What should you know about disorderly conduct law in Virginia?

There's a lot of "hot spots" for vacations in Virginia -- and a lot of visitors come prepared to unwind and cut loose for a little while.

What they aren't prepared for, however, is a disorderly conduct charge. Virginia is somewhat strict about what is and is not acceptable in public, and a lot of tourists find themselves in legal trouble after a long day at the beach or some other public attraction.

In Virginia, disorderly conduct generally falls into three different categories:

-- Acting with direct aggression or violence toward someone in a public street, building or another area. For example, trying to start a fight in a bar or getting into an aggressive shoving match with someone on a street corner could both be considered disorderly conduct under the law.

-- Inciting violence during a public gathering, interrupting a funeral service or disrupting a government meeting while intoxicated. Deciding to join in a protest at the wrong time, for example, could land you in trouble if you aren't sure of the legality of the protest. Shouting out a slogan that encourages violence at a political gathering would be another situation that could result in disorderly conduct charges.

-- Interfering with a school activity or any school-related activity (like a high school field trip or a college football game), or trying to incite the students or other attendees into violence. For example, if you happen to be at a university football game and your team loses, trying to incite a gang to trash the opposing team's bus would result in a disorderly conduct charge.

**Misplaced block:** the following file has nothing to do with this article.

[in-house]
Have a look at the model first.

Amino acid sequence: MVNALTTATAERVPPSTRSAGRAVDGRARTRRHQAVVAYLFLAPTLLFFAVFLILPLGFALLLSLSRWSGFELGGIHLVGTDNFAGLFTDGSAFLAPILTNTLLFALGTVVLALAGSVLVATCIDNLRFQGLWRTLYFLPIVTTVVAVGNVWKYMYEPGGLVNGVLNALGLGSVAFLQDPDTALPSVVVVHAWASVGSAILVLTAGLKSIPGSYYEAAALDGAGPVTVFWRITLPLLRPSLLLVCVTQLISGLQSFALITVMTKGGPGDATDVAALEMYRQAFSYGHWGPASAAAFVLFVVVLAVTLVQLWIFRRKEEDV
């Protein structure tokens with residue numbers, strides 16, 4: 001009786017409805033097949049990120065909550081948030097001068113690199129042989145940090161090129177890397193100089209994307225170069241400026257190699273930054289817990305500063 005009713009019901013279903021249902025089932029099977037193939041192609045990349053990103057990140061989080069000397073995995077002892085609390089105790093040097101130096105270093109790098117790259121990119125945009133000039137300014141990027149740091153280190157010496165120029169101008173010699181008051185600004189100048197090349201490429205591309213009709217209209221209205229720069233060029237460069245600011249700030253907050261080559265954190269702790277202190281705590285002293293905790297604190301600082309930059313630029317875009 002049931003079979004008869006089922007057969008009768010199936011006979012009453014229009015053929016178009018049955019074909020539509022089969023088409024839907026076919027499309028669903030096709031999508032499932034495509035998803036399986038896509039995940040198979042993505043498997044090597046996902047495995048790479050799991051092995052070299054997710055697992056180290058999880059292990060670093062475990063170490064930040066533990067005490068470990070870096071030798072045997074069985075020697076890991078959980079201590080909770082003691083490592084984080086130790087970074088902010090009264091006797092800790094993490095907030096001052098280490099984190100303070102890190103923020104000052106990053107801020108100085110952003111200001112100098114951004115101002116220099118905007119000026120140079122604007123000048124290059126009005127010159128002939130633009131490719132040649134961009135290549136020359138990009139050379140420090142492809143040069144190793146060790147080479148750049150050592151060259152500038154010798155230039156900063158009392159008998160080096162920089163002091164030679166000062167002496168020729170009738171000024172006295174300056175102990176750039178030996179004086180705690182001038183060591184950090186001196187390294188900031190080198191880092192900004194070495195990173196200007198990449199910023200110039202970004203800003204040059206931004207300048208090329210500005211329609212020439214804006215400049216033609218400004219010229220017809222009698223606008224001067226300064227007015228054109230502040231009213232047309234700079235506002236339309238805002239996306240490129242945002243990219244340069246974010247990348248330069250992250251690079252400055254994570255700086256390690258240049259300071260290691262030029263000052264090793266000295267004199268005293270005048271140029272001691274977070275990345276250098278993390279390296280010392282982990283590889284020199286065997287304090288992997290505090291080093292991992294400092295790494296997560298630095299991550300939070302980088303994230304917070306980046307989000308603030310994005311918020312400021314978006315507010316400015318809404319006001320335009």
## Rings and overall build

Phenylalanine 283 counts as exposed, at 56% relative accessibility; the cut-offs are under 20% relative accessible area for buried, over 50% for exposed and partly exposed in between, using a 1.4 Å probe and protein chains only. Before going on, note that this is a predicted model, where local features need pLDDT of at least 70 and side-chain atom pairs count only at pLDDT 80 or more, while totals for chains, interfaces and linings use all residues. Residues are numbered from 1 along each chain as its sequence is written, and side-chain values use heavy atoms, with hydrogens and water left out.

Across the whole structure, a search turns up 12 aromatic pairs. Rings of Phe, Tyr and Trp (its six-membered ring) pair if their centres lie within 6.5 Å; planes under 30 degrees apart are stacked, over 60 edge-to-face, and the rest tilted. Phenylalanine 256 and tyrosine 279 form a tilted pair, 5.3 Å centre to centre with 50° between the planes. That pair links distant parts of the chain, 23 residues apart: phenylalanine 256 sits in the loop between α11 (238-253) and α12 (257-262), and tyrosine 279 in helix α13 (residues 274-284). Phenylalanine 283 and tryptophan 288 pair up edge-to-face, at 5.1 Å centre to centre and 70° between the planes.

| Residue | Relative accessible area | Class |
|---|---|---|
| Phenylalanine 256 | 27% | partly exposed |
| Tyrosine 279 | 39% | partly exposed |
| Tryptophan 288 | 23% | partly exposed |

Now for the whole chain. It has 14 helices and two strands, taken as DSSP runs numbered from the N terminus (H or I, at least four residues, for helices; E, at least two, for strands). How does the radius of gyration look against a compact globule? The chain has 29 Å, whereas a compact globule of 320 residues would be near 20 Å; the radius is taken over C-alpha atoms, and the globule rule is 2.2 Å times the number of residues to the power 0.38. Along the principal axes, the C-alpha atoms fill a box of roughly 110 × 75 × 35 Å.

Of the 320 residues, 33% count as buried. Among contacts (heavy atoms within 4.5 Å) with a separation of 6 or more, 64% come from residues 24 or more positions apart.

When one of those charges doesn't seem to fit the situation, police officers in Virginia have other laws at their disposal that are regularly enforced. One of those is a law against using abusive language against another person.

While it may seem somewhat extreme if you are from an area of the country that has a more liberal attitude about such things, swearing at someone or cursing them out in public is enough to get you charged with a misdemeanor in Virginia!

Often disorderly conduct charges can be challenged based on whether or not the actions were actually a calculated attempt to "breach the peace," so don't assume that you are without any defense. Instead, let an attorney who handles drunk and disorderly conduct charges provide you with your defense options.

Source: Virginia Decoded, "18.2-415 Disorderly conduct in public places," accessed July 05, 2017

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